However, something was rotten in the state of France. Poverty, hunger and general unrest cause the French public to take a closer look into MA's personal indulgences, a fault of hers that Fraser is willing to admit as much, but Fraser also presents evidence that MA was trying to tone down her conspicuous consumption, and also had a heart for the poor.
The later chapters deal with the royal family's arrests, escape attempts, and the eventual executions of Louis XVI, Marie Antoinette, and many people they cared about during the Reign of Terror. We learn what became of the two children that survived MA.
Finally, one recurring theme is the exploration of why MA was so reviled by the non-aristocratic French. Fraser makes the compelling arguement that MA was simply an easy scapegoat, as she was a foreign-born princess from a country that often had designs on removing French sovereignity.
I love this book sooo much! Of course, I was fascinated with Marie Antoinette (as I am with all misunderstood women of history) to begin with. Fraser's book however, is the most consise, well researched book about Antoinette that I have read.
Antonia Fraser's style and research are, as always, impeccable. She brings clarity to a big, confusing topic. (How many people in one family can be named Maria? Louis?)
If I have one reservation, it's that I became more and more aware, as I approached the end of this big tome (450+ pages of text, plus the bibliography and index), that Fraser was dialling up the special pleading for Marie Antoinette. Again and again, there were phrases like this: "People assumed that she was [arrogant, spendthrift, clueless, plotting against France], when it was obvious that [insert more innocent interpretation, with little or no evidence]." I think Fraser succumbed to a version of Stockholm Syndrome unique to biographers of Big Historical Personalities: she had fallen in love with her subject, and felt that she needed to defend her against all comers.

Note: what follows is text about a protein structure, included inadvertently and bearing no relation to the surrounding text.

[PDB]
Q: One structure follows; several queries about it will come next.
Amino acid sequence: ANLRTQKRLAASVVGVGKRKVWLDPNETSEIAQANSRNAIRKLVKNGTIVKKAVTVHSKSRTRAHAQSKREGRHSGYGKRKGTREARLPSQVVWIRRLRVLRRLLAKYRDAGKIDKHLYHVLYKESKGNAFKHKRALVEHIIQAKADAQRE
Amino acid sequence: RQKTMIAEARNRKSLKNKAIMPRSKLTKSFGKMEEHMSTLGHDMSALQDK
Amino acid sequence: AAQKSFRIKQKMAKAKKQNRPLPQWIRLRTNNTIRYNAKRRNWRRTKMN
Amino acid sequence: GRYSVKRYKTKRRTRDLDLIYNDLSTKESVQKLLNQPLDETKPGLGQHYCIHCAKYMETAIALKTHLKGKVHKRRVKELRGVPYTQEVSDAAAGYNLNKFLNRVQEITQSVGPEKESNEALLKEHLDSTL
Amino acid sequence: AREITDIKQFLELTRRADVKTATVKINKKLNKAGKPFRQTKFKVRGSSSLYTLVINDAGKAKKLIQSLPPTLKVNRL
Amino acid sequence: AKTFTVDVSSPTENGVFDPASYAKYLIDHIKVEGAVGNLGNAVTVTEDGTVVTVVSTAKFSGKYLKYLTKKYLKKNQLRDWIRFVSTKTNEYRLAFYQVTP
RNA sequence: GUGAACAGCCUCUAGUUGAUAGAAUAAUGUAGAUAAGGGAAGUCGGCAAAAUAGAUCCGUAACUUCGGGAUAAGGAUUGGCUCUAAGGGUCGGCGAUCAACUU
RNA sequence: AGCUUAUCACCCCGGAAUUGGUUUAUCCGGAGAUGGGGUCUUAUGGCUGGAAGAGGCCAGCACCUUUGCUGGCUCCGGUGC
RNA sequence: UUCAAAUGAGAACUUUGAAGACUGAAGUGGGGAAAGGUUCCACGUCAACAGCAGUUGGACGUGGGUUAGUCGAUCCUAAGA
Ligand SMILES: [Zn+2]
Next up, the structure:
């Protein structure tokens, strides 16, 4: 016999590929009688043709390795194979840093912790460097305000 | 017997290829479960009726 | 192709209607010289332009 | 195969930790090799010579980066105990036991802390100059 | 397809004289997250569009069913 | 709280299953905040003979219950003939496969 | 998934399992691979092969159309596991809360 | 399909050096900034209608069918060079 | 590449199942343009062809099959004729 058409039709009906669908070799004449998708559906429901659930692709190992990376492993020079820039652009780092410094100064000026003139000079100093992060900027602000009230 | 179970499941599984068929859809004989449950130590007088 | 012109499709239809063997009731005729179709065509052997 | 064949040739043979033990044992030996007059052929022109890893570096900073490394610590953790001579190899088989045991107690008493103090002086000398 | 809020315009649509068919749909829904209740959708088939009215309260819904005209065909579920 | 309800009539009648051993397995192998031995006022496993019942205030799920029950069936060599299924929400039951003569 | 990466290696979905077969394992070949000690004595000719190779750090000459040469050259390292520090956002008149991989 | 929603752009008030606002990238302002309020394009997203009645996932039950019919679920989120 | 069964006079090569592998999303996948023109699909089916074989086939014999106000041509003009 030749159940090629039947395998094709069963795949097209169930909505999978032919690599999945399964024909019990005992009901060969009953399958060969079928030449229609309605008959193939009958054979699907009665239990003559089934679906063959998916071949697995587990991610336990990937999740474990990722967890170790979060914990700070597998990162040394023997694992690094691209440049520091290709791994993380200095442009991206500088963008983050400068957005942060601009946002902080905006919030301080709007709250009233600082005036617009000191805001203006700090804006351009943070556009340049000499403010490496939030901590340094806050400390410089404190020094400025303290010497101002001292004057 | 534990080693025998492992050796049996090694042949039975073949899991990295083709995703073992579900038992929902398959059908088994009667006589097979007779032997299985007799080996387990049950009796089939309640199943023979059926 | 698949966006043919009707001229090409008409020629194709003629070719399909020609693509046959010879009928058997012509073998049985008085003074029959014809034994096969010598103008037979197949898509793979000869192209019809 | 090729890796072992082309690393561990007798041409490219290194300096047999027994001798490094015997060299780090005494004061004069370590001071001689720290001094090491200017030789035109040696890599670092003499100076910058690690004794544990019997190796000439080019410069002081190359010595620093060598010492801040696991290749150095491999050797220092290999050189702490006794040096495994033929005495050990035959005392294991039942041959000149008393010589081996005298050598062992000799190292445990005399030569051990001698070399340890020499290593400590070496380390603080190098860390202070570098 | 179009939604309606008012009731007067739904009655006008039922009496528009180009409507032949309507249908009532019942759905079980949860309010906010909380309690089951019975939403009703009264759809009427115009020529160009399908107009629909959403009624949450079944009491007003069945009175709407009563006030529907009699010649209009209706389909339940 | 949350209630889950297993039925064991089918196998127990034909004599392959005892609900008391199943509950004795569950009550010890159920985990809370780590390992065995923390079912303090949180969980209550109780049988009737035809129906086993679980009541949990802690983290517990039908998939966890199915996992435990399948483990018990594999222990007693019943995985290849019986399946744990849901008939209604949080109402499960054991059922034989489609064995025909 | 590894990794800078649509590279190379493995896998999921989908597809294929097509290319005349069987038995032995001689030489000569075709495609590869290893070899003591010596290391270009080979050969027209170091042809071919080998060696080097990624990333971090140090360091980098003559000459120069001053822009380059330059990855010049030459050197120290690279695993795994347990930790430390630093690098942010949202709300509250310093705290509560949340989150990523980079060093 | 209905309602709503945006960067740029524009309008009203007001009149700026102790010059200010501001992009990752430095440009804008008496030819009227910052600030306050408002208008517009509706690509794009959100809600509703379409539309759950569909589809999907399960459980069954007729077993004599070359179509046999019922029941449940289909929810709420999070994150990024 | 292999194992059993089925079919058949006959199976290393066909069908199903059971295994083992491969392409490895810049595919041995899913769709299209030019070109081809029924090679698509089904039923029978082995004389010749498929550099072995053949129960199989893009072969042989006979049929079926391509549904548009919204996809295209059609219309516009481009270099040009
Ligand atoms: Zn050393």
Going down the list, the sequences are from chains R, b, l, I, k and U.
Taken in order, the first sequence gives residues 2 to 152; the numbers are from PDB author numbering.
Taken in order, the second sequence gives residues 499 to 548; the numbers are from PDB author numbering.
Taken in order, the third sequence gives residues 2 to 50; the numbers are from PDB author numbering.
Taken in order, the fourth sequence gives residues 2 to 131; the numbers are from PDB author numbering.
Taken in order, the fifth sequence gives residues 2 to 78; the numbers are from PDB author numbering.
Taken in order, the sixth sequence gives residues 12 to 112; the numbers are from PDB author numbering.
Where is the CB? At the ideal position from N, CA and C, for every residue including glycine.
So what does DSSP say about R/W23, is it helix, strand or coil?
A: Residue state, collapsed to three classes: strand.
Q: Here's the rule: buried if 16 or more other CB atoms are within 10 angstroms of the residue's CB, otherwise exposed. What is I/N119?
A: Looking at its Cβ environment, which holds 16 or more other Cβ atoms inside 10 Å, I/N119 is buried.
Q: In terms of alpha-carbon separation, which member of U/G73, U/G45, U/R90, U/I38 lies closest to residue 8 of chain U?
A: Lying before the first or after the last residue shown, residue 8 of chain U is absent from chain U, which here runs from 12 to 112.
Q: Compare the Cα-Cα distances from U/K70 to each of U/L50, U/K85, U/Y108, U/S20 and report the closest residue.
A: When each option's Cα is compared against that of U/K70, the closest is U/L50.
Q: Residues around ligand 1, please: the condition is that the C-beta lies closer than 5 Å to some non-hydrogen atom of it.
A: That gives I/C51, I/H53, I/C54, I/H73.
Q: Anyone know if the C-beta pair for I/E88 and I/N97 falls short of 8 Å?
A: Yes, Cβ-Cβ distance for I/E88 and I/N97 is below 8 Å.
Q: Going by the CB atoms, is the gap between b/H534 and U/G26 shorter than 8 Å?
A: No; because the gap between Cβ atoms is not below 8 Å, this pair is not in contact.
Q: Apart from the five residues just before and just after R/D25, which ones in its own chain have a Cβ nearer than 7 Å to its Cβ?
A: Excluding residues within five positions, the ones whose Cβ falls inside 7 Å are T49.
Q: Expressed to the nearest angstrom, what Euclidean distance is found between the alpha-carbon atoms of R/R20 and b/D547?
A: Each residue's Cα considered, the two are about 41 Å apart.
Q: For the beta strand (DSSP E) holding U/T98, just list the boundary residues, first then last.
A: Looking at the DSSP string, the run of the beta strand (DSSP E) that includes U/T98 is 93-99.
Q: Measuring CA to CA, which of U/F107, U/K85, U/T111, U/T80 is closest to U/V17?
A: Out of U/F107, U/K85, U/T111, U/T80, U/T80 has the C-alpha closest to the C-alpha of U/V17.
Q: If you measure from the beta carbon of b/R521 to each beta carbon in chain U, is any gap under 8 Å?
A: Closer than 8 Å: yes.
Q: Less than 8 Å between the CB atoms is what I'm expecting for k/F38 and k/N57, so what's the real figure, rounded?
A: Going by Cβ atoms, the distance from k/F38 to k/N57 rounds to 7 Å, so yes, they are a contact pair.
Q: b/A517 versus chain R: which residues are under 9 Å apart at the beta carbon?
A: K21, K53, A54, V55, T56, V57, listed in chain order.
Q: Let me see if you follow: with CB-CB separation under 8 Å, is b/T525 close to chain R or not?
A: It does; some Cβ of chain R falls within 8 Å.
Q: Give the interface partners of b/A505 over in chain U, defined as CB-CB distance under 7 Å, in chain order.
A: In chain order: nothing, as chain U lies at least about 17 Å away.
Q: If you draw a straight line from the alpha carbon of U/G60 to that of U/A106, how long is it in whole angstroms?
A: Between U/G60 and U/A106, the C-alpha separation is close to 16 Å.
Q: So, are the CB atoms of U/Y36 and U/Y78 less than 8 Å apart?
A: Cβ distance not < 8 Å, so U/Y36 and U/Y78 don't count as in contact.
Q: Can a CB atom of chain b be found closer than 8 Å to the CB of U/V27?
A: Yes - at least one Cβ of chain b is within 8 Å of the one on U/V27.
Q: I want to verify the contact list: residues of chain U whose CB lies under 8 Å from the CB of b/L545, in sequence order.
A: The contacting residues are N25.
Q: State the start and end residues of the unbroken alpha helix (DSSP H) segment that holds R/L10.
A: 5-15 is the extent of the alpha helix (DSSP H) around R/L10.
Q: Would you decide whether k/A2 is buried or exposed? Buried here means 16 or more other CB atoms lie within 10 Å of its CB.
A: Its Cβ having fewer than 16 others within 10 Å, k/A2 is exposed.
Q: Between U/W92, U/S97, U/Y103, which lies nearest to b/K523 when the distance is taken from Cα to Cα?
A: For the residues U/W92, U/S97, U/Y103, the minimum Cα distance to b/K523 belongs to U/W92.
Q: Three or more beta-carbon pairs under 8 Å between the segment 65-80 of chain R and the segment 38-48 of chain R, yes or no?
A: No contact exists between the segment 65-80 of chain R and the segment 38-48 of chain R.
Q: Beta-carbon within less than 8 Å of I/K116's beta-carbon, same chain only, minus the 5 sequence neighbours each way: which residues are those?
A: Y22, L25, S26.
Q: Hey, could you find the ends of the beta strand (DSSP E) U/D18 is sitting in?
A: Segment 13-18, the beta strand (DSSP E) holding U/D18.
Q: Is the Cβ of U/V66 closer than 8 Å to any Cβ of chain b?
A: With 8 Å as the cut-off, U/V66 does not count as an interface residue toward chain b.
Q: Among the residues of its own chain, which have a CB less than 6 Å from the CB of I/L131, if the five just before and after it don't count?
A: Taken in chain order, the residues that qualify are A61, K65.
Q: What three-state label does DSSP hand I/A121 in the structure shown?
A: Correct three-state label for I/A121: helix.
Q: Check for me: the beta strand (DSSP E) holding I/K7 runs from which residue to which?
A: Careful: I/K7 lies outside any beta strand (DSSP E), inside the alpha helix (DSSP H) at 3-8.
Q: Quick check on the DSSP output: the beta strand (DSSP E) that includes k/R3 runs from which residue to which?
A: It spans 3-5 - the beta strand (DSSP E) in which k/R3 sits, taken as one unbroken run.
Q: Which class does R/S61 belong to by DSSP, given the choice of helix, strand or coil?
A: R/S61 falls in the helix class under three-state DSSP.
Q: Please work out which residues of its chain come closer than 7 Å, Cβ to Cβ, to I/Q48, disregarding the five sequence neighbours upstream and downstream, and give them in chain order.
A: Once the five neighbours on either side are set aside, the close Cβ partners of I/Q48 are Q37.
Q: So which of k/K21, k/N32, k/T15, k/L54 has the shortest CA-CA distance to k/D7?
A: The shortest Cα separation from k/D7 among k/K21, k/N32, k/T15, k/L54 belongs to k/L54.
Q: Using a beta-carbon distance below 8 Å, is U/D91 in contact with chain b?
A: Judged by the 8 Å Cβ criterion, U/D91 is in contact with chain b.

Fraser does a very effective job debunking the worst myths about MA, with convincing evidence. (She did not say "Let them eat cake." Repeat after me, she did not say ...) It's when the evidence runs out, and Fraser falls back on "it's obvious" that I had some hesitations about her bias.
Interesting "nothing new under the sun" moment: we didn't invent "fake news," and the poisonous effect of social media. According to the political pamphlets of the day (their equivalent of Facebook?), besides saying that starving peasants should eat cake, MA was a sexual predator, who corrupted everyone around her (including her own 8 year old son), a drunkard (she was actually teetotal all of her life), and a monster who wanted to bathe in French blood. Or, as Fraser puts it: "It all had to be true. The stories had, after all, been printed over and over again, repetition being a cynical substitute for veracity." (page 280)